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Persistant shared memory

How to create a store in memory easily share and survive restarts etc… in pure Python


For a data visualization project at my current employer we need a way to save big data matrices in-memory and access them from random processes. On the server mulitple DASH dashboards are hosted, with which you can build nice web data viz dashboards while staying purely in Python. The data displayed in the dashboards where consisting of matrices, each up to 5GB big. As the dashboards are, of course, multi-user and a also randomly shutting down and up and also are running by different users on the system, if you would just access the pickled numpy files on the hard drive, when needed, you would be constantly loading data which takes forever.

Usage of shared_memory

Therefore we are using the Shared memory module from the multiprocessing package in the standard library to load those big matrices into the shared memory (SHM), from where they then can loaded by the different processes.

Basic usage of the module is fairly simple, as shown below. You create a numpy array which is buffered in the named shared memory. Then in another process you can access the matrix, by opening the shared memory by its name. Here shown, basic SET and GET methods:

import numpy as np
from pathlib import Path
from multiprocessing import shared_memory

def set_shared_matrix(matrix: np.ndarray, name: str) -> np.ndarray:
    matrix = np.array(matrix, dtype=np.float16)
    shm = shared_memory.SharedMemory(name=name, create=True, size=matrix.nbytes)
    Xshm = np.ndarray(matrix.shape, dtype=np.float16, buffer=shm.buf)
    Xshm[:] = matrix[:]
    return XShm

def get_shared_matrix(name: str) -> np.ndarray:
    shm = shared_memory.SharedMemory(name=name)
    return np.ndarray(shape, dtype=np.float16, buffer=shm.buf).copy()

Moving a matrix into memory then looks like:

matrix = np.random.rand(1_000, 1_000)

set_shared_matrix(matrix, "my_shared_matrix")

# True

And retrieving it:

matrix = get_shared_matrix("my_shared_matrix)

The problem with this approach is, that Python will keep track of who (or how many) processes are accessing a named shared memory item. If that counter goes to zero, the item is deleted from memory. It should be fairly obvious that this is a sensible approach, as if you would not do that, you would block memory with data that is un-connected to any process and if you then do not keep track of it menually, you will eventually leak memory.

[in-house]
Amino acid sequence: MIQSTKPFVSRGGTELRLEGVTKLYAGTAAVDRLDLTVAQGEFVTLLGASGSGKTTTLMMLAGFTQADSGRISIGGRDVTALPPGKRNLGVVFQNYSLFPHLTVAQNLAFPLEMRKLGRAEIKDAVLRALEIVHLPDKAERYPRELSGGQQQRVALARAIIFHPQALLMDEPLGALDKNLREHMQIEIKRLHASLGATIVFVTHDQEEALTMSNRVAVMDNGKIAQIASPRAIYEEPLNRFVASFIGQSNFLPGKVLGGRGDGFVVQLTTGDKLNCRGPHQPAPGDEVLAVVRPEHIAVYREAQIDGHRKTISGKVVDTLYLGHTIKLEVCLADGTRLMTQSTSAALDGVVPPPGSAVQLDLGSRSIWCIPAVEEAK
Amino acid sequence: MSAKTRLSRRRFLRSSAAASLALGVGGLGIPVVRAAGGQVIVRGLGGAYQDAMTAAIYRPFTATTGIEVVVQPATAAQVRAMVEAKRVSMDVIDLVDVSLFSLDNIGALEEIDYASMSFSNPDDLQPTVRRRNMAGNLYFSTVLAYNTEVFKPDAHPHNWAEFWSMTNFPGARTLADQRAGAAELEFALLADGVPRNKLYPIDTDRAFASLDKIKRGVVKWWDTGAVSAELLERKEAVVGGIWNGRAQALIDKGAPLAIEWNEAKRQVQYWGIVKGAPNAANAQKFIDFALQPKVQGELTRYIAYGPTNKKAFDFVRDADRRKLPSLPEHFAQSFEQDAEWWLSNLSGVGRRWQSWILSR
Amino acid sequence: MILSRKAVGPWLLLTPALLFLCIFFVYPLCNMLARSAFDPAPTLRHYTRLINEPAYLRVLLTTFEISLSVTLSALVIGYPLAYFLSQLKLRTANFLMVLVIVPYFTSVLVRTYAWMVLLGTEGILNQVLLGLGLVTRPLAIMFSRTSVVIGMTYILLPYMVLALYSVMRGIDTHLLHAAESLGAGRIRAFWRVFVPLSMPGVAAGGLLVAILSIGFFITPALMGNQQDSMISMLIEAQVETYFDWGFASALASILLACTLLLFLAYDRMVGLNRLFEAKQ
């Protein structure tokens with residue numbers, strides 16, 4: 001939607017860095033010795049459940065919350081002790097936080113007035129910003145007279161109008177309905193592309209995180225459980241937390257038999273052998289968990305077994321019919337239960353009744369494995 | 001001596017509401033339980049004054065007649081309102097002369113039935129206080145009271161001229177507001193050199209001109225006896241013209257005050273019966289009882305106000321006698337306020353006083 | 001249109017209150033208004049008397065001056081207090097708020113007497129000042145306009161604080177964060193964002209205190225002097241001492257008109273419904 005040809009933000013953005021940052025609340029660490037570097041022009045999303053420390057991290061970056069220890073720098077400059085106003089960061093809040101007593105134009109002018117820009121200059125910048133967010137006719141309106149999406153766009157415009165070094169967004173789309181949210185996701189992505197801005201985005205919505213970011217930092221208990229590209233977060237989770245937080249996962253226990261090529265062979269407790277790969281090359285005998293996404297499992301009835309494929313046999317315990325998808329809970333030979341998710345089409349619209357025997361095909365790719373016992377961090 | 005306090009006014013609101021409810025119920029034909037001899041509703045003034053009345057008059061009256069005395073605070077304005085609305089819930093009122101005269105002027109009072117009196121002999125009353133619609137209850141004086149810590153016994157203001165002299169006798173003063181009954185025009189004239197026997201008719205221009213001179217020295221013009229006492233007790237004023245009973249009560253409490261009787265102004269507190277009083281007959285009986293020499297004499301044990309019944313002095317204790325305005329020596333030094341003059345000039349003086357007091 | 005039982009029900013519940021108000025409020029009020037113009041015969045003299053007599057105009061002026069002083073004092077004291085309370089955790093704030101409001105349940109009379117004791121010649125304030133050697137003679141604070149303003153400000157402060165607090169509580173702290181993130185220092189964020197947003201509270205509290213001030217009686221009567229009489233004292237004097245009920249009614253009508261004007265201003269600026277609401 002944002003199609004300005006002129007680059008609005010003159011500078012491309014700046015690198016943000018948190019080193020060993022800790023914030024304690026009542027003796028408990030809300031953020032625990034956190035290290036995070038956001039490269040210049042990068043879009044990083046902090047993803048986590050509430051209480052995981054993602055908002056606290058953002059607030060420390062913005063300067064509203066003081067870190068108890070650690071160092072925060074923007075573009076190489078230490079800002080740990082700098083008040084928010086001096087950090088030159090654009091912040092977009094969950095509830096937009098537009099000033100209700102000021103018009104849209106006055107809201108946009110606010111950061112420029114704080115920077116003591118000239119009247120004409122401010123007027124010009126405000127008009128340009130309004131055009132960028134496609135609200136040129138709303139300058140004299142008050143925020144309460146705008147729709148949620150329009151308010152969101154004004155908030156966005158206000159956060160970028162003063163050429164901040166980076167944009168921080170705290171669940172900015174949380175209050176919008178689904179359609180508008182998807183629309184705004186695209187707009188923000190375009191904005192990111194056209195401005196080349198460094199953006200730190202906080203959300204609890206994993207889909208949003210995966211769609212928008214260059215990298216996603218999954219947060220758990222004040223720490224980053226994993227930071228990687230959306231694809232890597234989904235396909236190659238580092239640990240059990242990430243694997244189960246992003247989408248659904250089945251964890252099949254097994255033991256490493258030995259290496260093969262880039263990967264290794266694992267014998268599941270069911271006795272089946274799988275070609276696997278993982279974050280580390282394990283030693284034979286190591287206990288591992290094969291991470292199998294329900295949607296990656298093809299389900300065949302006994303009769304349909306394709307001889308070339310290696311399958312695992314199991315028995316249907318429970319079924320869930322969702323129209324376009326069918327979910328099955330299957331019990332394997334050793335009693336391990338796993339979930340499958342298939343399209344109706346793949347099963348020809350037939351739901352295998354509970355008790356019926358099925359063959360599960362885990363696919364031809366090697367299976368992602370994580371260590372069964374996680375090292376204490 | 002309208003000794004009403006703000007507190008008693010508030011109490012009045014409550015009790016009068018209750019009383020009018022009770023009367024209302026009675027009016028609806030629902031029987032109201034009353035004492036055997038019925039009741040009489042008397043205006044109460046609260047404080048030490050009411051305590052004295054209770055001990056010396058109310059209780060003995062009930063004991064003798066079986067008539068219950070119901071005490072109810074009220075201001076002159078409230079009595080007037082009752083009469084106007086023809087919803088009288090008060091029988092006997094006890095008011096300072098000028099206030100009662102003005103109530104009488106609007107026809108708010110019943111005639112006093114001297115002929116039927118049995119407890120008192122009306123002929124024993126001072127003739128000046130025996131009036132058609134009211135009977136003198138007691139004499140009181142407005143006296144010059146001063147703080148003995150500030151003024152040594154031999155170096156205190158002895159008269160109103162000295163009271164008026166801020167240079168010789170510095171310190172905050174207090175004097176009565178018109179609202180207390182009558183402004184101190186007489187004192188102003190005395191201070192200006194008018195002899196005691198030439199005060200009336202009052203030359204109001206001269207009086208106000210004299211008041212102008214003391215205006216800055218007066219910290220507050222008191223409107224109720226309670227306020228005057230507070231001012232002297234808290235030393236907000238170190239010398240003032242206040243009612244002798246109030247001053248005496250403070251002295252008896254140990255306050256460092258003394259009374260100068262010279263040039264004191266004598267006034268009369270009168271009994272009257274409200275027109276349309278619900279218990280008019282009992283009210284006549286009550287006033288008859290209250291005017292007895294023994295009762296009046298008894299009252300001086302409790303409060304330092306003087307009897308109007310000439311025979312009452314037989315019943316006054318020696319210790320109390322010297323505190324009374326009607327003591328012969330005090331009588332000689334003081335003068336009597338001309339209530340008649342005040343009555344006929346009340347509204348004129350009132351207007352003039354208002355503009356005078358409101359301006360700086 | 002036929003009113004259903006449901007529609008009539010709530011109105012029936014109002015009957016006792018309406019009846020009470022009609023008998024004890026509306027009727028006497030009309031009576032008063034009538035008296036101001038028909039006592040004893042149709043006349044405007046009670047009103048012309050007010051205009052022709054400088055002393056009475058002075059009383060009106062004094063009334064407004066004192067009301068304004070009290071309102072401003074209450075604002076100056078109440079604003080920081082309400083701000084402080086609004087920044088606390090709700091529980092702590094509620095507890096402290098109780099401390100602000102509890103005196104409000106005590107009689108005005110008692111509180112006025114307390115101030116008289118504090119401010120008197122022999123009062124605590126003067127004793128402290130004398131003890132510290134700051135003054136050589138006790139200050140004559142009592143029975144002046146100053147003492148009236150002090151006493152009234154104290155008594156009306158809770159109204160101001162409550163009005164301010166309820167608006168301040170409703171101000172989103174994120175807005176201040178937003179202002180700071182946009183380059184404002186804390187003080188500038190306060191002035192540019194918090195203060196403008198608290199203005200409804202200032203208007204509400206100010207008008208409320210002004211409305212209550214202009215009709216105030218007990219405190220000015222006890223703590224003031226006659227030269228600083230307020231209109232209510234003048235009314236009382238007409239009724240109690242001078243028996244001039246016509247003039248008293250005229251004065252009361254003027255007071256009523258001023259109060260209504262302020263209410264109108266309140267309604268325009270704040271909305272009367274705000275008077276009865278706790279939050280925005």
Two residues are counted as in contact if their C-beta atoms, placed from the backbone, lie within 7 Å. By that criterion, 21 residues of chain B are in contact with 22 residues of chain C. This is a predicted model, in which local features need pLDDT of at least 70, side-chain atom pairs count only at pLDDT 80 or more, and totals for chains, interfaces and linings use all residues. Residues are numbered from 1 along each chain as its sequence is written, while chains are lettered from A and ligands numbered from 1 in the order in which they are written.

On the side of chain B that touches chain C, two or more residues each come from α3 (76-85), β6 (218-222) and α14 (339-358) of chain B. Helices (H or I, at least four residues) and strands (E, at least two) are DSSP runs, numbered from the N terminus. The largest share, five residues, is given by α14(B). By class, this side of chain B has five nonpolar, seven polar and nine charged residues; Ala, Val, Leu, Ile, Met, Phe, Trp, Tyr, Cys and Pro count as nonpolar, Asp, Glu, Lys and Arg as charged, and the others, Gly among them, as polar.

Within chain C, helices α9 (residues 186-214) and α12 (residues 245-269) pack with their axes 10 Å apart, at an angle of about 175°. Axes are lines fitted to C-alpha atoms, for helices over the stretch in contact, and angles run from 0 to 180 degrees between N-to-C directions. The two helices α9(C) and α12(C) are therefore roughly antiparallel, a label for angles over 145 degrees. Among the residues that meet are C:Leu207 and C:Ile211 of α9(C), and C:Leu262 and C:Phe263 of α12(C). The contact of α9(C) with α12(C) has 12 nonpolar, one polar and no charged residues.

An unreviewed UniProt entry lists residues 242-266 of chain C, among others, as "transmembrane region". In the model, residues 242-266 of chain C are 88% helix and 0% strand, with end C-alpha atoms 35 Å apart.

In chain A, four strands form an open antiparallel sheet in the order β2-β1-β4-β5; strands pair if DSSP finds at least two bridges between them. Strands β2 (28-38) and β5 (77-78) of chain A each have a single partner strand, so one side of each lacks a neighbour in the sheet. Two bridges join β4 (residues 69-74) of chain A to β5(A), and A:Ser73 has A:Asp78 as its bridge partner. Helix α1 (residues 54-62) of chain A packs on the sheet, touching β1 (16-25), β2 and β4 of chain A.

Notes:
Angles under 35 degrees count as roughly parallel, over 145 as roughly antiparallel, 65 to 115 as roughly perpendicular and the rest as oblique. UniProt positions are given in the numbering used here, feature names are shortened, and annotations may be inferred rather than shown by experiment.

Making it permanent

Well, we don’t care about those risks! We want really persistant shared memory. This can be accomplished by a simple hack.

The singleton that keeps track of the shared memory items is a ResourceTracker object, also defined in multiprocessing. The method used to register a new object in the registry is the register method:

Source code: Lib/multiprocessing/

def register(self, name, rtype):
    '''Register name of resource with resource tracker.'''
    self._send('REGISTER', name, rtype)

So to hack that method, we load the singleton resource_tracker in our code before setting any SharedMemory matrices and hot-patch it to not register shared_memory items:

from multiprocessing import resource_tracker

def __resource_register_patch(name, rtype):
    if rtype != "shared_memory":
        resource_tracker._resource_tracker._send("REGISTER", name, rtype)

resource_tracker.register = __resource_register_patch

Now if you use the set_shared_matrix() function from above, the matrix is set in shared memory and stays there indefinitely! So you can even kill all Python processes, start a new one with a different user and you will find the same matrix under the same name!

Quickly clearing the Shared Memory

In practice, we definitly made mistakes and started leaking dead memory into SHM. So quickly you will ask yourself how can I quickly and easily get rid of all those matrices? Luckily, on Linux the shared memory is mounted as a file system and you can find it under /dev/shm. In that folder you will find your shared memory matrices as files with the filename being the name you set when saving them.

So you can easily clear the whole thing by doing in the shell:

rm /dev/shm/*

Probably you want to only delete your Python shared memory objects, so in our code we made it a rule that the names of the SharedMemory buffers should all end in .shm. So then to clean only those we just do:

rm /dev/shm/*shm

All of this is a quite the hack, but you know what, it works… And you do not need to install any additional packages, so that is pretty cool.